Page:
I was out riding this morning, just before it started to get really hot,
when I had an encounter with some local fauna. I was riding on a single
track through a section with trees and brush close to the trail when I
noticed something pop up against my leg. It was quickly followed by that
familiar rattling sound. That isn’t surprising as there are a lot of
rattlesnakes around here. I got off the muni a few feet further down the
trail and saw a medium sized rattler coiled, rattling away and showing
it’s fangs. I was far enough away then, and the rattler was backing away
a little at a time but, it was close enough to the trail (practically on
it) and big enough that it could have struck my leg as I rode by. If it
did I’m sure it found the Roach pads to be an impenetrable barrier. I
had been thinking that it was getting too hot to wear the pads for the
rest of the summer. I figured I was in greater danger of overheating
than getting pedal bit. Rattlesnake bite is way worse than pedal bite. I
think I’ll continue to wear the pads.
I am glad someone brought this up. In So Cal, the Rattlers are coming out. I have wondered if riding a muni makes that surprise by the rattler just the more sudden than walking or riding a bicycle. Bikes have the ratchet of the cluster and footsteps provide sound and vibrations, but little speed.
A muni is really quiet compared to the other motive devices and I have had the fear that because the Muni is quiet that we (muni riders) are more prone to snake bites.
Re: Rattlesnakes - another good reason to wear Roach pads
I will come out from lurking on this one.
I live in Australia which has I think 14 out of the worlds 15 most
venomous snakes. Snakes can’t hear. They are completely deaf. However,
they feel vibrations through the ground, so no matter how much audible
sound you are or are not making snakes will still feel you through the
Most snakes will usually only attack you if you disturb them in some way
or they are trying to defend a nest. Most of the time we make that much
“noise” when moving away that they are not interested in messing with us
and will get out of the way. However, the Australian Death Adder (also
called the “Deaf Adder”), when it hears something coming it will lie
completely still and will usually only react when someone/something treads
on it. It has been known for 10 or 11 people to step over a Death Adder
and then the 12th person treads on it and gets bitten.
While hiking over a thousand miles on the PCT in SCal at this time of year I found that some rattlers are sound asleep in the middle of the trail and don’t wake up right away. They look like cow pies curled up in the dust. After climbing back in my skin, I had to wait patiently for the lazy fellow to decide to move away. Sometimes it took a threatening stick to get them out of the way so that I could pass. Even though I was walking, not riding, the shock of encountering them in the middle of heat-induced daydreaming is a heart-pounder, especially wearing running shoes with bare legs. And hearing the buzz without seeing the snake is even worse!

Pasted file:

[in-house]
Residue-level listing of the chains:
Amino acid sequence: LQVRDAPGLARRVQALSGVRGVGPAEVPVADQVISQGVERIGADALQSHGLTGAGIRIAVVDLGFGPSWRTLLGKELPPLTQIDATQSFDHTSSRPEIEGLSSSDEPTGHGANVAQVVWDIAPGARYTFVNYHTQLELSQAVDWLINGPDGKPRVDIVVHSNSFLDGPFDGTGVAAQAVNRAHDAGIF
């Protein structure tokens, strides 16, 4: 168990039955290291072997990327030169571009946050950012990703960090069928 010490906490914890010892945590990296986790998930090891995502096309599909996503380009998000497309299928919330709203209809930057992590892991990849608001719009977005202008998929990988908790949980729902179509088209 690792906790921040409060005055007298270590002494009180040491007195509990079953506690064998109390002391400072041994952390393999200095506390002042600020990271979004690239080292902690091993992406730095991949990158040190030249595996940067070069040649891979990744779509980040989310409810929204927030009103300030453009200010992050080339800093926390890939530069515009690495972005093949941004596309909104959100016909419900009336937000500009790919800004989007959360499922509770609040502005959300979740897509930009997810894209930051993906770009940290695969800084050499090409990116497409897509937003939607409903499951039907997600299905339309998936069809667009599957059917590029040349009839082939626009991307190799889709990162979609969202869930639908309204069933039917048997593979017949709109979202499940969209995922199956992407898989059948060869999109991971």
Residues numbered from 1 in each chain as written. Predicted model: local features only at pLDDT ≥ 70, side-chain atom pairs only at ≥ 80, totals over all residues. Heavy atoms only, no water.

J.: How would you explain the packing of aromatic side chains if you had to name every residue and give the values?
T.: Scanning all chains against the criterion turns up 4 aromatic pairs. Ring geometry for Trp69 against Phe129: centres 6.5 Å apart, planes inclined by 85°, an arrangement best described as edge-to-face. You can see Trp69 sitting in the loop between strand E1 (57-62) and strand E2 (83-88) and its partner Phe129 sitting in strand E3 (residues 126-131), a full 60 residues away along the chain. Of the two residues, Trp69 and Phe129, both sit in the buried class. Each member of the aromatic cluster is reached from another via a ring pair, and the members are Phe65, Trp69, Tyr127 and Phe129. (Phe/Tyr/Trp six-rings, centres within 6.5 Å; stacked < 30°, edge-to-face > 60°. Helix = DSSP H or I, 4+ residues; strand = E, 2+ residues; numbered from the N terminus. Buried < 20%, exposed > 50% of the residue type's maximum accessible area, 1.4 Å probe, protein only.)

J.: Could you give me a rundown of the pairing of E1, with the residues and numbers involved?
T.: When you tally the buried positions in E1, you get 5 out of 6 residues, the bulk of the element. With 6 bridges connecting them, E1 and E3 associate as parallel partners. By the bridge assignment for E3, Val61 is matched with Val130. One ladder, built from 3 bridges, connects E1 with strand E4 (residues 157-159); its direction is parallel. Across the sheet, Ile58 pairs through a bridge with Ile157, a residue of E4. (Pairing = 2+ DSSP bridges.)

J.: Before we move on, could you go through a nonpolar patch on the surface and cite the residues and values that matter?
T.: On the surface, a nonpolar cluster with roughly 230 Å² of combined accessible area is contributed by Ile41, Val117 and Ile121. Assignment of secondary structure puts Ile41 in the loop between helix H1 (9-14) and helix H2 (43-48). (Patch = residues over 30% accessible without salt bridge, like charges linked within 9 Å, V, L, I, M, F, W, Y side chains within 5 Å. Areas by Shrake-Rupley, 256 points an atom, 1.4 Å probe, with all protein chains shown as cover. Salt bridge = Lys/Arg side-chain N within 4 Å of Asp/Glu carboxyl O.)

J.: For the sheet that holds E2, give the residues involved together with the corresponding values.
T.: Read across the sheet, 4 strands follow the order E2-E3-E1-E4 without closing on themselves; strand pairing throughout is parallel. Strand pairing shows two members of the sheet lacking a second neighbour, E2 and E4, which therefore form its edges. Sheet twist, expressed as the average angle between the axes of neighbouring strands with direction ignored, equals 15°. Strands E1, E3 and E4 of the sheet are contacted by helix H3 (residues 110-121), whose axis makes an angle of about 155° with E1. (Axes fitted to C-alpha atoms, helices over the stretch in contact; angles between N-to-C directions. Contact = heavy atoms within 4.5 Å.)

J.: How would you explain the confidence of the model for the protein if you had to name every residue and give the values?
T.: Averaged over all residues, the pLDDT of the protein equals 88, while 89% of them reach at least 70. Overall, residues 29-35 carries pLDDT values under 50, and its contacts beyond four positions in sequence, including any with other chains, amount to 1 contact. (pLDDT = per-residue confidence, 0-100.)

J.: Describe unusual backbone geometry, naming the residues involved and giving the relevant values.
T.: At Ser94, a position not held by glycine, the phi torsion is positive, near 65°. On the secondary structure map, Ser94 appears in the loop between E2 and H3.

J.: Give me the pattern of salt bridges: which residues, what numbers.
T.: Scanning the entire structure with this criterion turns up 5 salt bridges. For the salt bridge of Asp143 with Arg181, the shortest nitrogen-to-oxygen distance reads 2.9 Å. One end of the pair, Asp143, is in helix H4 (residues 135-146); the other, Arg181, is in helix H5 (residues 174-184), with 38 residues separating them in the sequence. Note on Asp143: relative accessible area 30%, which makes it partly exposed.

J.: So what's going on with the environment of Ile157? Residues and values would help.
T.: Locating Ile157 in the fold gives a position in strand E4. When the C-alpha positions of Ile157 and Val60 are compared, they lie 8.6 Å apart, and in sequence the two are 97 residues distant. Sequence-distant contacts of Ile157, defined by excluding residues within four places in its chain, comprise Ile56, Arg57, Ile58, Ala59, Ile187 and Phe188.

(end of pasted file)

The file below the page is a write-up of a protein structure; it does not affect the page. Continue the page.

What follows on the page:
As far as riding being worse, I think that during the heat of day, there is no difference because most of them are too sleepy. During the cooler times (when the sun is down ) the speed of approach might be a factor. I think I’d be wearing my leg pads if I were riding there. I have only heard of one PCT hiker being struck, and that strike hit his shoe, and it was at night in the Mohave desert, if I remember correctly.
Oh, and the scorpions won’t bother you.
Australia’s list of nasty things is realllllllly looong.
RE: Rattlesnakes - another good reason to wear Roach pads
> track through a section with trees and brush close to the trail when I
> noticed something pop up against my leg. It was quickly
> followed by that familiar rattling sound.
Wow! So you’re not sure if it struck you, but you know you rode extremely
close to it. Roach could add this to their advertising points.
The first too-close rattlesnake encounter I’ve heard of in MUni!
I’ve been on rides where people saw rattlesnakes (and bears), but not
definitely seen one myself, until last week I did come across a coyote, and
a huge elk on a ride in Yellowstone once, in one of the few places where
cycling is legal. Several years back Brett and I saw the back end of a
rattlesnake sticking out into the Sweetwater trail, but we think it was dead
because it wasn’t moving. Neither of us is Steve Irwin, so we didn’t get
close enough to check.
On Thursday of last week, when it was about 100 degrees out, I finally saw
my first live rattlesnake on the trail. Unfortunately it was the paved
American River Bike Trail, in Rancho Cordova. The snake seemed to be soaking
up the rays in the gravel part on the side of the trail. I circled back to
give him a closer look, but still left lots of room between us…
Of course I didn’t have the camera with me THAT TIME. I almost always
bring one. That day I saw a deer (twice), baby wild turkeys, a rabbit, and
the rattler! Murphy’s law of photography.